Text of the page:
New York Times: While it’s a huge, positive milestone when a family is able to leave a homeless shelter and move into a house of their own, it’s rarely the end of the journey. The next big step is making the house a home, which means being able to afford furniture and appliances. While there are many organizations dedicated to helping families transition out of shelters, one new nonprofit in Detroit, Humble Design, is dedicated to helping families find everything they need for the next step, from beds and dressers, to silverware and wall art. Since 2009, Humble Design has used donated and discarded furniture to outfit more than 100 homes for transitioning families.
Many Communities In Schools students are homeless, moving between different shelters and other temporary residences over the course of their childhood. One of the most important things a student needs to succeed in school is a safe, stable place to call “home.” Organizations like Humble Design are helping to meet that need by transforming houses into comfortable and welcoming spaces.
9 News Now: Even though Washington, D.C. is in the midst of a heat wave this week, it certainly isn’t deterring thousands of tourists from visiting the National Mall. Anyone who braved the heat and took a walk to the Washington Monument on Thursday was greeted with 857 empty school desks, representing the students who drop out every hour of every school day.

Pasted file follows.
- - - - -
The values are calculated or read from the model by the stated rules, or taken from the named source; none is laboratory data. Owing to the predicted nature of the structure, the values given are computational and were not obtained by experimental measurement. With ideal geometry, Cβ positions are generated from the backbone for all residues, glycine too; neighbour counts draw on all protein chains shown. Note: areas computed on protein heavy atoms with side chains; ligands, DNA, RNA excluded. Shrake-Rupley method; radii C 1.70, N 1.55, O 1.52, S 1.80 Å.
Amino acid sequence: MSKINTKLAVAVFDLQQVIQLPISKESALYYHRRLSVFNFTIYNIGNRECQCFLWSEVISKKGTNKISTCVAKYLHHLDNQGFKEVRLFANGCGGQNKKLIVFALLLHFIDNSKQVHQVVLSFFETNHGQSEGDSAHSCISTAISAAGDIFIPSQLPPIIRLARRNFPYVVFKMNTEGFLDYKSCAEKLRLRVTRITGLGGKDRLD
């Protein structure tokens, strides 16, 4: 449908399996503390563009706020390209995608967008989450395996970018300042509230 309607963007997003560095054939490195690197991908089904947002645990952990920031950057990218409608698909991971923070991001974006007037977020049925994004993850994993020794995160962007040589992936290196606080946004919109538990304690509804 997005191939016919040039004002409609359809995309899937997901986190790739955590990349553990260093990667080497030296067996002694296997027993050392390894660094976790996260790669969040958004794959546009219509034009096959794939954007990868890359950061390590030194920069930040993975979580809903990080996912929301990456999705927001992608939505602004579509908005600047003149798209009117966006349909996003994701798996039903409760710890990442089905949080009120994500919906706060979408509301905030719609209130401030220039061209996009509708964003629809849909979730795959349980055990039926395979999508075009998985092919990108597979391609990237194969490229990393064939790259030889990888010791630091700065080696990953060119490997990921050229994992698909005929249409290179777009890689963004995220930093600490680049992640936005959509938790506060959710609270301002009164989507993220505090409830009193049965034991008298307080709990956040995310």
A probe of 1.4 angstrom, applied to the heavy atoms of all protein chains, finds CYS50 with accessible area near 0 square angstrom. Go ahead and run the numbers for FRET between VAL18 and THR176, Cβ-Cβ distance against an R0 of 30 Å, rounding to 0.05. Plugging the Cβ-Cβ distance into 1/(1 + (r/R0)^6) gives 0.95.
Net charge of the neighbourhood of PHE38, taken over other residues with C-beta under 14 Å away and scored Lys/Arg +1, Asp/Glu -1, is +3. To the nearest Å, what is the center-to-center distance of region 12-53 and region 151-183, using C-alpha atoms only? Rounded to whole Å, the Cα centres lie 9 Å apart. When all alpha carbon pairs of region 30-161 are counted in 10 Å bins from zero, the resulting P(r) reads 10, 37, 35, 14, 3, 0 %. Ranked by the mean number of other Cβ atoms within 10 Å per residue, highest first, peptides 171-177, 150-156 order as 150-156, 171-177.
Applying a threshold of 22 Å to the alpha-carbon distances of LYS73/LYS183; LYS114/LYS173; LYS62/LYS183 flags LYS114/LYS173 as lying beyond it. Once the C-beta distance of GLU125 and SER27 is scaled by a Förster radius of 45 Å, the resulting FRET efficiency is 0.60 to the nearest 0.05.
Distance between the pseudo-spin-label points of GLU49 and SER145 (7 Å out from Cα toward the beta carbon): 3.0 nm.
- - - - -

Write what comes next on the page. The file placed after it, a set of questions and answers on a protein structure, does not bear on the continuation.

The display was organized by the nonprofit organization College Board, and is intended to call upon leaders—including this year’s presidential candidates—to make education reform a prominent issue in their campaigns.
Students who drop out are more likely to live in poverty, earn thousands less over a working lifetime, suffer poor health, be dependent on public assistance or enter the criminal justice system. Read our fact sheet on the dropout crisis to learn more about the social and economic impact of dropping out of school.
CBS: On Wednesday, the nation’s largest physician’s group announced that they support having as a requirement yearly instruction aimed at educating students about obesity. The American Medical Association (AMA) agreed to back legislation that would require students at all levels of public schools be taught about the causes, consequences and prevention of obesity.
For students living in poverty, eating healthy food is not always an option. Many urban neighborhoods across the United States lack proper grocery stores, leaving parents unable to purchase fresh produce for their families. In addition, healthier foods tend to be more expensive. Families trying to feed themselves with food stamps are unable to afford healthy food without making financial sacrifices elsewhere.
Communities In Schools knows that every child needs healthy food in order to focus in class and learn. Across our network, our site coordinators make sure that every child gets the meals they need. They also organize numerous activities that students can participate in to exercise, stay in shape and have fun.